CSX Transportation, the main unit of eastern railroad company CSX Corp., said today it will expand its domestic intermodal service on Nov. 2 by adding Dallas and the central Pennsylvania town of Chambersburg to its network that operates from the railroad's intermodal container-transfer facility in Northwest Ohio.
CSX will run two separate trains, with one connecting the Ohio Valley hub, located in the city of North Baltimore, to Chambersburg, and a second linking North Baltimore and Dallas. Both will provide daily service. Depending on the day that the equipment arrives at North Baltimore, deliveries will be made within two to four days, CSX said in a communiqué posted today on its web site. For example, a container bound for Chambersburg that enters the North Baltimore facility at 5 p.m. on Monday is scheduled to arrive Wednesday at 1 p.m. For Dallas-bound shipments, containers that enter North Baltimore on Monday at 5 p.m. will arrive in Dallas at 3 p.m. on Thursday, CSX said.
Opened in 2011, the North Baltimore facility is the pivot of a hub-and-spoke operation where freight arriving from nationwide points is transferred to double-stack trains for delivery throughout the East. It enables rail shippers to bypass the notorious "choke point" of Chicago, and thus can reduce transit times by up to two days between West Coast ports and distribution centers in the Ohio Valley, CSX officials have said. The facility is structured to enable CSX to serve markets that lack the density to justify the start-up costs of point-to-point service.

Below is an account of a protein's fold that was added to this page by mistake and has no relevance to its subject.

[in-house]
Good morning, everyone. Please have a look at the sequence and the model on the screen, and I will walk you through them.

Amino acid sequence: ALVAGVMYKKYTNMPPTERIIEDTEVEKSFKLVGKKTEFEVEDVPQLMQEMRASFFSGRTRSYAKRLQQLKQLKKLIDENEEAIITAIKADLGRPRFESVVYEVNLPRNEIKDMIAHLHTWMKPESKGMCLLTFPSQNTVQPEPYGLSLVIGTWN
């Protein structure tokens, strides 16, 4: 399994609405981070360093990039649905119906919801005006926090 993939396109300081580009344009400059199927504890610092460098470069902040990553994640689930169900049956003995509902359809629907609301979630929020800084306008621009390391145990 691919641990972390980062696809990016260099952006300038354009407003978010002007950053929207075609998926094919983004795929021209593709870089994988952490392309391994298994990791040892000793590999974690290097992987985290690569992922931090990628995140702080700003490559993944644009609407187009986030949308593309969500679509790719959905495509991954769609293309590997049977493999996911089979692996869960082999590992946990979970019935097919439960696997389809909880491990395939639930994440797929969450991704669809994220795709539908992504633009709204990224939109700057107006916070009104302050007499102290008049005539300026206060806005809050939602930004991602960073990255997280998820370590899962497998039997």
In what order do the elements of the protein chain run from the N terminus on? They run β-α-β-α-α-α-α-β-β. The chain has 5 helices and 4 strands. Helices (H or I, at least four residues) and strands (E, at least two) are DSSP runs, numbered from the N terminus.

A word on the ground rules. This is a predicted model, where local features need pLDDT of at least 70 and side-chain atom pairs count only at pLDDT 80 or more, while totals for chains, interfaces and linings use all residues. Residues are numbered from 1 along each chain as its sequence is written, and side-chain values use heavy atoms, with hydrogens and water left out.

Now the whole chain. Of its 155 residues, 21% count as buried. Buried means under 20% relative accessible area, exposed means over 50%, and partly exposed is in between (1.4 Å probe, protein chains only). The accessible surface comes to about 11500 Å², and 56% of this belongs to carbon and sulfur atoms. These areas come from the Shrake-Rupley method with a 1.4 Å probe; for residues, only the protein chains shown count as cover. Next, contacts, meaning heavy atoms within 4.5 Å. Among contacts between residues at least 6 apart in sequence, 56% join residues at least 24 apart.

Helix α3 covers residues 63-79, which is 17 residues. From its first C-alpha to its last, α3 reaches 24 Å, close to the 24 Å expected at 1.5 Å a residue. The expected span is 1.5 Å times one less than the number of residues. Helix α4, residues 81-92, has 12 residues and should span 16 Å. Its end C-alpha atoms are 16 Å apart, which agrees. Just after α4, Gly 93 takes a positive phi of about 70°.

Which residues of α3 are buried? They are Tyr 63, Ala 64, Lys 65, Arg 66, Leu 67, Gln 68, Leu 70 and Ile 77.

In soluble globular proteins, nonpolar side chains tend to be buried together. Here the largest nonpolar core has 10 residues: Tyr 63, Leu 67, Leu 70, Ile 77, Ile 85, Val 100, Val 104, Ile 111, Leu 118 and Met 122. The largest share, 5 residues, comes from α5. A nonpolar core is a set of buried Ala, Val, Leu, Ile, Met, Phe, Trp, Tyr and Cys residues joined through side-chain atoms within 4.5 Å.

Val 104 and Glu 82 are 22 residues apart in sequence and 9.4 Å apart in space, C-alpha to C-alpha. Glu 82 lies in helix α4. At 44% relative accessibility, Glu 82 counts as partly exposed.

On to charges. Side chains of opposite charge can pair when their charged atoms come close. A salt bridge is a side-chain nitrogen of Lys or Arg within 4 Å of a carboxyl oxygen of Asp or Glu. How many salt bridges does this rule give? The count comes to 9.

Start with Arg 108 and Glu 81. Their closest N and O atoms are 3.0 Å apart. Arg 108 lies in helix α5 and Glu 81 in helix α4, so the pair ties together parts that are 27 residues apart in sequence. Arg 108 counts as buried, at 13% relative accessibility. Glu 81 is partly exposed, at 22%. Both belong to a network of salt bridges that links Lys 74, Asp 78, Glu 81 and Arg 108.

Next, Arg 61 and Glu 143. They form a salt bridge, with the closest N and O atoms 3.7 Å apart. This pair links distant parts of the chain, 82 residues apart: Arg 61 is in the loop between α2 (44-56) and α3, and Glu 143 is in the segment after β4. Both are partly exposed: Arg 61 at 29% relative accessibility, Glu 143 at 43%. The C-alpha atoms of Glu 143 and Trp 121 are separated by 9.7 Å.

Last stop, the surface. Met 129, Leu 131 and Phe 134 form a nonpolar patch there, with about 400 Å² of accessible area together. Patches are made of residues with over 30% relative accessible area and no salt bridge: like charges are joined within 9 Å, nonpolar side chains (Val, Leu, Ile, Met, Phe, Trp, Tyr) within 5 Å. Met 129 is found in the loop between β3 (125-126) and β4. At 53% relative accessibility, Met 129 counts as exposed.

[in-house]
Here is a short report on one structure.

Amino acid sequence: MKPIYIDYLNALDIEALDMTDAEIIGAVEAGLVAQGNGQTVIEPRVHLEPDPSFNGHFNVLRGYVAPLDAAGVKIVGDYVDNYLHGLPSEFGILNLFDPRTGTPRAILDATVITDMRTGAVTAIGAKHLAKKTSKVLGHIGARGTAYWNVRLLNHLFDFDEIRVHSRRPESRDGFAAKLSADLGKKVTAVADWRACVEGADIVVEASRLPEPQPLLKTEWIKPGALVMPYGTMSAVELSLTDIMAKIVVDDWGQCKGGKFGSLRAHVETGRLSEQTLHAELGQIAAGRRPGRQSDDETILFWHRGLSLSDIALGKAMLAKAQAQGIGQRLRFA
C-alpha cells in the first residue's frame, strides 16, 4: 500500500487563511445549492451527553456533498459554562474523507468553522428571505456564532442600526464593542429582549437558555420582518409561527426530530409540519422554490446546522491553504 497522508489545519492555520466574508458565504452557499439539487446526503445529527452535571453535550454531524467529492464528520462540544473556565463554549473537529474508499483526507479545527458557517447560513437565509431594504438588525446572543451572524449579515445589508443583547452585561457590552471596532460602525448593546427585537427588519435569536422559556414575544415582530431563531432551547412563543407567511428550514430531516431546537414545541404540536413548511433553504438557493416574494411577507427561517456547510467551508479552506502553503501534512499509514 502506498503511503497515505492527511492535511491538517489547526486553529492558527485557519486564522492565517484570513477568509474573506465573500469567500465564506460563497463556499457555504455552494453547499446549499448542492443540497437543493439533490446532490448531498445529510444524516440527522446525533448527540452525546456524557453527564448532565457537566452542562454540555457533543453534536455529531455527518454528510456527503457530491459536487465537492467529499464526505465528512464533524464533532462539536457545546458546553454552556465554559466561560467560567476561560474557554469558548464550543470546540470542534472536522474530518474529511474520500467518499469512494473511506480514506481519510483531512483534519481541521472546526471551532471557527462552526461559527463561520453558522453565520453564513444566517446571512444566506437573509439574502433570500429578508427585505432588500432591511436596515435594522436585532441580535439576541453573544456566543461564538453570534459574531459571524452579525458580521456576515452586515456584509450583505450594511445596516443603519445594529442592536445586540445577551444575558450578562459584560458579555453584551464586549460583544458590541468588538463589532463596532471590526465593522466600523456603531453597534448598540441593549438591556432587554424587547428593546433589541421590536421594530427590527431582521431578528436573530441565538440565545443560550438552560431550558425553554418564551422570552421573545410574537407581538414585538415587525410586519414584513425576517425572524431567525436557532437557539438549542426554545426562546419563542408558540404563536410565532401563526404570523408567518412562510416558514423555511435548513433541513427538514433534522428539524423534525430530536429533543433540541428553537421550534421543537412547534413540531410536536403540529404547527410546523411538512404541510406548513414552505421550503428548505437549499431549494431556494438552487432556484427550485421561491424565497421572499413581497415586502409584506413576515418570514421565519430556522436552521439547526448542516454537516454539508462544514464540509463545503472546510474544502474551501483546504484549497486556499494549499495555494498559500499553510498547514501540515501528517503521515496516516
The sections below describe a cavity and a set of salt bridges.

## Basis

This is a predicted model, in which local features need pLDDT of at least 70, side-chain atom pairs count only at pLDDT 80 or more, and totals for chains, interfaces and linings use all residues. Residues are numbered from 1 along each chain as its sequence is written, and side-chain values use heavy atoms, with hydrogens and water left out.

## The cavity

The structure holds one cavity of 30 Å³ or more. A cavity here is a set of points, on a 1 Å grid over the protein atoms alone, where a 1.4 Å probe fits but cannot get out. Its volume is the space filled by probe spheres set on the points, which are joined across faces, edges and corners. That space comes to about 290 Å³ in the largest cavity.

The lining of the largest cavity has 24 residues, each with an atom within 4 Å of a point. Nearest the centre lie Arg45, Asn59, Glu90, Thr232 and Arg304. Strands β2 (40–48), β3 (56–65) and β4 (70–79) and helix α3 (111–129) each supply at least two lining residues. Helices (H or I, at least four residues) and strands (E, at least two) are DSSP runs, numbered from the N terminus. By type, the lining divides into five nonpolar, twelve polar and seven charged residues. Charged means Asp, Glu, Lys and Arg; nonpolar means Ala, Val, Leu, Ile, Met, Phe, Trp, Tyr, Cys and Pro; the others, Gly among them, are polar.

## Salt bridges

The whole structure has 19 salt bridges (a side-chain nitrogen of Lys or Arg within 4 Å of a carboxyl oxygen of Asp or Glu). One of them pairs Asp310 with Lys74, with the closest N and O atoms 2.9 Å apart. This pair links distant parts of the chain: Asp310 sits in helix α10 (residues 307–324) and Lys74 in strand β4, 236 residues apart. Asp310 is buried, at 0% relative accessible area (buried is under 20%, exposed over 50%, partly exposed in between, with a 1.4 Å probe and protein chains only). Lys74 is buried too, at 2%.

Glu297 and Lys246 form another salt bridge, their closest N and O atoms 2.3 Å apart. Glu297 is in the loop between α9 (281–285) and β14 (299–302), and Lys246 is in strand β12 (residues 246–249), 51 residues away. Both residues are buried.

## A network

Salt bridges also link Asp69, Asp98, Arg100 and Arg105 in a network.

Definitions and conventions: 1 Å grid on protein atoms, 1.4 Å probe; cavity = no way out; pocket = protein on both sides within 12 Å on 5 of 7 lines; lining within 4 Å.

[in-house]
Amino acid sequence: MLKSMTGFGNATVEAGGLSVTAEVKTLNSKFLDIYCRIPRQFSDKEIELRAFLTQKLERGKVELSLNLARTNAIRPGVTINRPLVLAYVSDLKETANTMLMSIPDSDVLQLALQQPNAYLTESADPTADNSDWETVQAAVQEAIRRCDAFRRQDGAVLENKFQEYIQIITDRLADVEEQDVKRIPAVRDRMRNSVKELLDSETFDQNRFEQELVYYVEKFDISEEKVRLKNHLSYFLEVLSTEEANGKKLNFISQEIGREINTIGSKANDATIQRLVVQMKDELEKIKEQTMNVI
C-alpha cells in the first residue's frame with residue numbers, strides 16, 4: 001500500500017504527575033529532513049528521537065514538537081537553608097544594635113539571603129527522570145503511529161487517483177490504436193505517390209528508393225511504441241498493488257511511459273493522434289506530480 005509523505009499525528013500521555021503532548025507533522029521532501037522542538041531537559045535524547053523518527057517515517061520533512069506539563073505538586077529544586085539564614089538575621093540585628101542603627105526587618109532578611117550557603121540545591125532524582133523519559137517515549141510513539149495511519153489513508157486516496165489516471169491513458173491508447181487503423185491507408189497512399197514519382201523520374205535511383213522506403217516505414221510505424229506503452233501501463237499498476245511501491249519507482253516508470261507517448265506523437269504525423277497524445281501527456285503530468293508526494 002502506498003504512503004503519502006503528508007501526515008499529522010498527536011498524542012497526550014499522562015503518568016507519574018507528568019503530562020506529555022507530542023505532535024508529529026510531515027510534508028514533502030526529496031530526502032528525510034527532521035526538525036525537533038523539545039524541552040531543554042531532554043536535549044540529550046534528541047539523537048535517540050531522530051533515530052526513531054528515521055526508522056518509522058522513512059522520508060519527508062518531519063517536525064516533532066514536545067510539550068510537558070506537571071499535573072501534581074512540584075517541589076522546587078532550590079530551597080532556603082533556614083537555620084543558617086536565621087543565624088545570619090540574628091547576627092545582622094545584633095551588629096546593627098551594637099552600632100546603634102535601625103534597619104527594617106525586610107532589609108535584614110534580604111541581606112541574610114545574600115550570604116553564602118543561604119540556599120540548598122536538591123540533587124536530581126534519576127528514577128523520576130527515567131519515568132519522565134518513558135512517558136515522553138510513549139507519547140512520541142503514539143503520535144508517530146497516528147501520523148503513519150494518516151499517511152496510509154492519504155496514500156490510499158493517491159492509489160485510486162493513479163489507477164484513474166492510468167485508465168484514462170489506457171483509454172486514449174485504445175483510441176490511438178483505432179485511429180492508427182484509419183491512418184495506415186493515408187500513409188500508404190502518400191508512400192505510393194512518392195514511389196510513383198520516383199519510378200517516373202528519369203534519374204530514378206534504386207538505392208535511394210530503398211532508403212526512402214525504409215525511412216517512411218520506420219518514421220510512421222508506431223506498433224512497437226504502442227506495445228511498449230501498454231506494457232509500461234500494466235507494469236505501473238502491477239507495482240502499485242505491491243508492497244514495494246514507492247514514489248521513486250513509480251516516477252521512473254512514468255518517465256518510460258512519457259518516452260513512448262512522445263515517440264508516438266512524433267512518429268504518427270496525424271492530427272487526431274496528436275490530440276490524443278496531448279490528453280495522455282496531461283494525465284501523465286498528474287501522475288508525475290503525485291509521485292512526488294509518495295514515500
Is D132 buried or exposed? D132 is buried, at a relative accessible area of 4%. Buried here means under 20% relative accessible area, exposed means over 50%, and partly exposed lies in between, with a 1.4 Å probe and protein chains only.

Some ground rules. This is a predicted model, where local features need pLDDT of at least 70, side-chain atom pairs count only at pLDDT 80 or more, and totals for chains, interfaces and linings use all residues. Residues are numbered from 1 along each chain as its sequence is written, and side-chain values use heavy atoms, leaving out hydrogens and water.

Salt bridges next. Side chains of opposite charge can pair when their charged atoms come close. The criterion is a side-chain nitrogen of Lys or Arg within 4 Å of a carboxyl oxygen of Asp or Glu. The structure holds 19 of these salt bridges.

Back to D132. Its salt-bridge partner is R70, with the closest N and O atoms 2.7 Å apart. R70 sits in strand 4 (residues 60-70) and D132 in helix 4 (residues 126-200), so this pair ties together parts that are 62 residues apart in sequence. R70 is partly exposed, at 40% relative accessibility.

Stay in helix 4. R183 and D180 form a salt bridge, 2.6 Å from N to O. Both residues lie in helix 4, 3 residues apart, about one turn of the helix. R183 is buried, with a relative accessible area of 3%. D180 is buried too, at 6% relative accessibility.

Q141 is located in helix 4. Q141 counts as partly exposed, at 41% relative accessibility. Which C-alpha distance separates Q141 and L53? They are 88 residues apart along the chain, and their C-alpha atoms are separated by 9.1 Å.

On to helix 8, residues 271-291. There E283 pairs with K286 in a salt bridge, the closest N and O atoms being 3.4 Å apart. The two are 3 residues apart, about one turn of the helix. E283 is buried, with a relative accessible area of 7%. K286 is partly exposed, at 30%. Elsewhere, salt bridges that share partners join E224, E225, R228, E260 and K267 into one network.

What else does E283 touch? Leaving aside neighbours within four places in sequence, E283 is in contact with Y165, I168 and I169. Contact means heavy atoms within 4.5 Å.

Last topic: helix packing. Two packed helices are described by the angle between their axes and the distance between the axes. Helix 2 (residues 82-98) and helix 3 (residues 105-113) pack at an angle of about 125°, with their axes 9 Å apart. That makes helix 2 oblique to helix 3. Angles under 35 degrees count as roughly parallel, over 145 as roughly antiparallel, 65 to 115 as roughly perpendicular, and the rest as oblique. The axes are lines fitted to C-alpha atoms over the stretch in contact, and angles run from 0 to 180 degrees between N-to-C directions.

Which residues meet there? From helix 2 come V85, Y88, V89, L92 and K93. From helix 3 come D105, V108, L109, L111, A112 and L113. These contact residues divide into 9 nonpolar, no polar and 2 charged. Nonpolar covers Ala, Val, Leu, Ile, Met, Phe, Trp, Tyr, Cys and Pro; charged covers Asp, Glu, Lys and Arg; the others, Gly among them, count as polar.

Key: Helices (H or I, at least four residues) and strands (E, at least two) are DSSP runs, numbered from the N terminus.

In the communiqué, CSX said the new service will provide a "competitive transit alternative to over-the-road shipping, delivering both capacity and cost-savings benefits." CSX, like its railroad brethren, has a multiyear intermodal strategy to capture highway traffic and divert it to the rails. The opportunity for diversion is greater in the eastern U.S. than in the west because of its denser population and the close proximity of commerce centers that have in the past been the near-exclusive domain of truck service.
The announcement comes five weeks after Norfolk Southern Corp., CSX's arch-rival in the east, said it would scale back its "Triple Crown Services" truck and rail trailer operation to provide service only to the automotive industry. For automotive carriage, Norfolk Southern uses truck equipment called "RoadRailers" that don't require lifts needed for other intermodal freight. Other commodities that had moved on the service would be converted to containerized equipment, Norfolk Southern said at the time.